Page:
Originally posted by sorinso View Post
            you said the stations are in places with some type of surveillance. Is theft still a worry?
            Well, when people go home for the night it might be possible that one of the members of the general public liked what they saw and decided to come back to get a door prize. All of the domain policies in the world are useless against smash-and-grab thieves. Theft is actually my biggest concern for these machines, but that's kinda outside of the scope of this thread... unless you all wouldn't mind me hijacking my own thread.


            Originally posted by sorinso View Post
            viruses? What are users doing on those stations? Internet? E-mail? Do they come with their own files (floppies, CDs, DOKs)? If so, all these can be controlled through GPO also.
            It's primarily for school kids to watch the educational videos of their choice (although anyone could watch them if they wanted). All of the DVD files will be ripped (with appropriate permission acquire first of course ) and placed on the hard drive so I'll be locking the user profile down so that no external media is accepted. Although, I wonder if I'll have to allow the DVD player to be used. For now I'm planning on keeping internet access to only a whitelisted group of web sites. I'll play with security settings to prevent any files from being downloaded.

            Oh, and what's a DOK? I'm always intrigued by a new TLA...

            Originally posted by gforceindustries View Post
            I'm sure you've considered this in addition to what you have mentioned in this topic, but as well as making sure that the machines are 'supervised' (ie, employees can see what's going on), make sure that they are physically secured. Ideally, the bases would be in a locked (ventillated) cabinet with only the heads accessible.
            Unfortunately, securing the "body" and exposing the "head" is not possible in this situation. The PTB purchased two of these and essentially said "make it work" (I'm actually typing this post on one of them now ). Two Vista Ultimate upgrades later, I'm at where I am now. Fortunately I discovered that it has a slot for a Kensington lock (a nice surprise since NONE of the documentation for the TouchSmarts that I found on the internet said anything about it) but annoyingly enough, there's nothing nearby to lash it to.


            Originally posted by gforceindustries View Post
            And plenty of other things that you can do too, but outside the scope of this thread. Just wanted to stress the point as I've seen these considerations overlooked too many times.
            Oh, now you've gone and piqued my curiosity? What else "outside the scope of this thread" were you thinking about? Motion sensing turrets? You are rather fond of grounding fault "security measures"...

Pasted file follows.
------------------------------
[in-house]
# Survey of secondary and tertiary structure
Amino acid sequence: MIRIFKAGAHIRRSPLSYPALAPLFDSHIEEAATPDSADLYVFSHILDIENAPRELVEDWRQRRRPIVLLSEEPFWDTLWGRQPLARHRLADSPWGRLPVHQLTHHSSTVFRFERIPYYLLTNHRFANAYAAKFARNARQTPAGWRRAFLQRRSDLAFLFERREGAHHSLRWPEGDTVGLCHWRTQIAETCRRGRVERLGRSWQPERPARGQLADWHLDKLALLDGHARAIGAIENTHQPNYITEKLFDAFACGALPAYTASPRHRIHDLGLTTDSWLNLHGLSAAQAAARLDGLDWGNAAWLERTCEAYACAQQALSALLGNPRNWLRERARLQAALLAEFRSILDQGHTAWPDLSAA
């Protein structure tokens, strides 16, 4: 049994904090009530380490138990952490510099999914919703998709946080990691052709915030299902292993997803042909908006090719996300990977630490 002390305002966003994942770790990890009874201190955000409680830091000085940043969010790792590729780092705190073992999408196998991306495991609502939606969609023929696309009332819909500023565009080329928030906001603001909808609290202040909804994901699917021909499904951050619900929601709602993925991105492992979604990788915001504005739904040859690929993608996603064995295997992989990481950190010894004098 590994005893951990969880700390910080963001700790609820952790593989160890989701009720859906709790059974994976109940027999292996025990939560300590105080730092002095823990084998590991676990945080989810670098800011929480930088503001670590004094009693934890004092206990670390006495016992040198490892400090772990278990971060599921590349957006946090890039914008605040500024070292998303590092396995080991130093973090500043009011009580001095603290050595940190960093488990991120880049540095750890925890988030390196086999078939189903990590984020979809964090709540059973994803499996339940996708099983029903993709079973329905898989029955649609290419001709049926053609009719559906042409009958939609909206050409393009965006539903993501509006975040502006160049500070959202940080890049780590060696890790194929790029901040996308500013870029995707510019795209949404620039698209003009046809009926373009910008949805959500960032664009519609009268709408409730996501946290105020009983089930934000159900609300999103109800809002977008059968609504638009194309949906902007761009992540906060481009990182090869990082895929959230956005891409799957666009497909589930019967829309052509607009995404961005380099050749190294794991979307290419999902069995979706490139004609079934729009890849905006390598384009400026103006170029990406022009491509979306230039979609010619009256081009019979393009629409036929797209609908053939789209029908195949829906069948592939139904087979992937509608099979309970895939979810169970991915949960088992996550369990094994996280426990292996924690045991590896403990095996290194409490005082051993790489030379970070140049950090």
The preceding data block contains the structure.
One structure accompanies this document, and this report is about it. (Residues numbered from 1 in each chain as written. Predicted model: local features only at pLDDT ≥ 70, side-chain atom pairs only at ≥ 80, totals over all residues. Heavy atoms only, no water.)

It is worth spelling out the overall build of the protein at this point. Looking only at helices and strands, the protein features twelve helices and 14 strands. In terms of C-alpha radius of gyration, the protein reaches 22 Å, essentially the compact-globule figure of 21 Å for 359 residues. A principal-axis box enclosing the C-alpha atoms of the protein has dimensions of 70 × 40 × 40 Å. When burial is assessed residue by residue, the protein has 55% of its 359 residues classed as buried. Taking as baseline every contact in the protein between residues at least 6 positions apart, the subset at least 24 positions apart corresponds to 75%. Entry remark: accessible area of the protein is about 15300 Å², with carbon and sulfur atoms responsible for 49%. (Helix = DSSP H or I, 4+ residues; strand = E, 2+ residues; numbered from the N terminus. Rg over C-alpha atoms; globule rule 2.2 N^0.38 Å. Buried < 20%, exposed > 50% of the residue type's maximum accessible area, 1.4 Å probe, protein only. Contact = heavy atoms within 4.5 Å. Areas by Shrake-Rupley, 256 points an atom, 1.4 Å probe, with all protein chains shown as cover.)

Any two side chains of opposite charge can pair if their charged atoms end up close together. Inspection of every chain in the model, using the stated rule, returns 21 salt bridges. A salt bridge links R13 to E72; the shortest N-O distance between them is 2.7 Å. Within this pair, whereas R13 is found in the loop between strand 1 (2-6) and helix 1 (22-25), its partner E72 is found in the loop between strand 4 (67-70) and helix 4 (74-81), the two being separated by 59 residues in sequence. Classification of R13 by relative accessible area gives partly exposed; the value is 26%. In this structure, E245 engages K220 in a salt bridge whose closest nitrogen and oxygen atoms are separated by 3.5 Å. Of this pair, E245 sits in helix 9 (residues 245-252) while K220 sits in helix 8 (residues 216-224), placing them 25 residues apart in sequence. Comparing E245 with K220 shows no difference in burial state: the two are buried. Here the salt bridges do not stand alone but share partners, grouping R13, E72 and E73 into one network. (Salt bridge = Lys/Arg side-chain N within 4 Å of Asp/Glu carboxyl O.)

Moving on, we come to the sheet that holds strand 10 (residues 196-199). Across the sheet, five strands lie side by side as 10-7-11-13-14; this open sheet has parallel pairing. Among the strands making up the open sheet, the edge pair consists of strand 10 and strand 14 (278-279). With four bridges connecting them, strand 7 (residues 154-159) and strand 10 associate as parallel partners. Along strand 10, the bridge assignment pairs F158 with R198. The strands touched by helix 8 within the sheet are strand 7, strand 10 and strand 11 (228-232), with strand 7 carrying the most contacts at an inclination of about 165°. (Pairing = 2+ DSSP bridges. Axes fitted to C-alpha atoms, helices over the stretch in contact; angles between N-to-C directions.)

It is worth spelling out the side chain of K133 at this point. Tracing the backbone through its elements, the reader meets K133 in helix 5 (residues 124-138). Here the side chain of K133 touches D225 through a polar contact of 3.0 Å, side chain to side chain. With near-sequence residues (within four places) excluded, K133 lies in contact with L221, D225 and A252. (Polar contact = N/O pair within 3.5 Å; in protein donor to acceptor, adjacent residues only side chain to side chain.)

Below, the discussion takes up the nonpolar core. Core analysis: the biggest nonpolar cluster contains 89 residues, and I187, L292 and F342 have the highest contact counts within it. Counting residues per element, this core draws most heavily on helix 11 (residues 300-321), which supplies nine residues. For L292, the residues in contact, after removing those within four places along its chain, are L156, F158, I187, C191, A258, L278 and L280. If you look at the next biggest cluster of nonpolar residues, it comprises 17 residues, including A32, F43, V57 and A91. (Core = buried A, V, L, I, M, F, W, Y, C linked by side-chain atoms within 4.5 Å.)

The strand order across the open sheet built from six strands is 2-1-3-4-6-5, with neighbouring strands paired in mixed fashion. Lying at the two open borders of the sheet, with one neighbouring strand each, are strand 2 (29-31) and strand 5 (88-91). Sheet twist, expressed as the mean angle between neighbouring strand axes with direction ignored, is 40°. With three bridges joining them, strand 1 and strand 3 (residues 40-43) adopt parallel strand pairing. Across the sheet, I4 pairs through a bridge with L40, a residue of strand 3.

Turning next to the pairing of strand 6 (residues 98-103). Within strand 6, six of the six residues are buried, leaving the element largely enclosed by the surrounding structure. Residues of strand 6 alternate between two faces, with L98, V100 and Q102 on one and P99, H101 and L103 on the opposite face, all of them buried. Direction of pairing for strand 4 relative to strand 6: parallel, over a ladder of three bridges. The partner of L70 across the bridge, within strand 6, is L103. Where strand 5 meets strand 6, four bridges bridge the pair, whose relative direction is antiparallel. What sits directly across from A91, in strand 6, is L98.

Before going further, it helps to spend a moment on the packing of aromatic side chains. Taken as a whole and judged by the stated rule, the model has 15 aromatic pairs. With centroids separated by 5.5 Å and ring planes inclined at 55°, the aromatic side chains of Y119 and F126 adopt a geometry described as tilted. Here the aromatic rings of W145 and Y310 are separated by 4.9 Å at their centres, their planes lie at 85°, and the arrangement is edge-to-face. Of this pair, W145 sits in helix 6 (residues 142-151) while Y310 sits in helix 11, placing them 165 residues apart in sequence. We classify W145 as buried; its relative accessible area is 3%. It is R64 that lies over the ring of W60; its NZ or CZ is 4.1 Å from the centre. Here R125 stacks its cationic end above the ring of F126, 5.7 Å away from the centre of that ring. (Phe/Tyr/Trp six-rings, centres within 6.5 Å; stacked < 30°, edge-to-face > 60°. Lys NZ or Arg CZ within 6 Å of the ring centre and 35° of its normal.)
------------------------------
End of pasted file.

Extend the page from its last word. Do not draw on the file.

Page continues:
Thanks everyone for the discussion so far!
            Wesley David
            LinkedIn | Careers 2.0
            -------------------------------
            Microsoft Certifications: MCSE 2003 | MCSA:Messaging 2003 | MCITP:EA, SA, EST | MCTS: a'plenty | MCDST
            Vendor Neutral Certifications: CWNA
            Blog: www.TheNubbyAdmin.com || Twitter: @Nonapeptide || GTalk, Reader and Google+: [email protected] || Skype: Wesley.Nonapeptide
            Goofy kitten avatar photo from Troy Snow: flickr.com/photos/troysnow/

            Comment


            • #7
              Re: Pros and Cons of having kiosk machines joined to a domain vs. in a workgroup

              Originally posted by Nonapeptide View Post
              Unfortunately, securing the "body" and exposing the "head" is not possible in this situation. The PTB purchased two of these and essentially said "make it work" (I'm actually typing this post on one of them now ). Two Vista Ultimate upgrades later, I'm at where I am now. Fortunately I discovered that it has a slot for a Kensington lock (a nice surprise since NONE of the documentation for the TouchSmarts that I found on the internet said anything about it) but annoyingly enough, there's nothing nearby to lash it to.
              Lash them to whoever ordered them

              While you're never going to have full control, I always advise IT staff to include in their policy the requirement to be consulted and/or give approval for all new purchases. Sure, you can "make it work", but a base with separate head would probably have been more desirable for this particular use.

              Originally posted by Nonapeptide View Post
              Oh, now you've gone and piqued my curiosity? What else "outside the scope of this thread" were you thinking about? Motion sensing turrets? You are rather fond of grounding fault "security measures"...
              I consider it to be true that anybody who should be using electrical equipment is well aware of the risks that electricy poses and should be taking suitable measures to protect themselves

              Or have I been reading too much BOFH.

              Hmm... turrets would be cool.

              The things I would have suggested would be to supplement software policies with drive restriction by physically removing optical drives etc from the machine, disconnecting USB ports, disabling things in device manager (arguably more foolproof than disabling in the BIOS). Installing flamethrowers. Etc etc

              Edit: Last minute suggestion from a colleague reading over my shoulder:

              Originally posted by tom
              kiosk machines should explode if rammed
              Last edited by gforceindustries; 4th December 2008, 22:46.
              Gareth Howells

              BSc (Hons), MBCS, MCP, MCDST, ICCE

              Any advice is given in good faith and without warranty.

              Please give reputation points if somebody has helped you.

              "For by now I could have stretched out my hand and struck you and your people with a plague that would have wiped you off the Earth." (Exodus 9:15) - I could kill you with my thumb.

              "Everything that lives and moves will be food for you." (Genesis 9:3) - For every animal you don't eat, I'm going to eat three.

              Comment


              • #8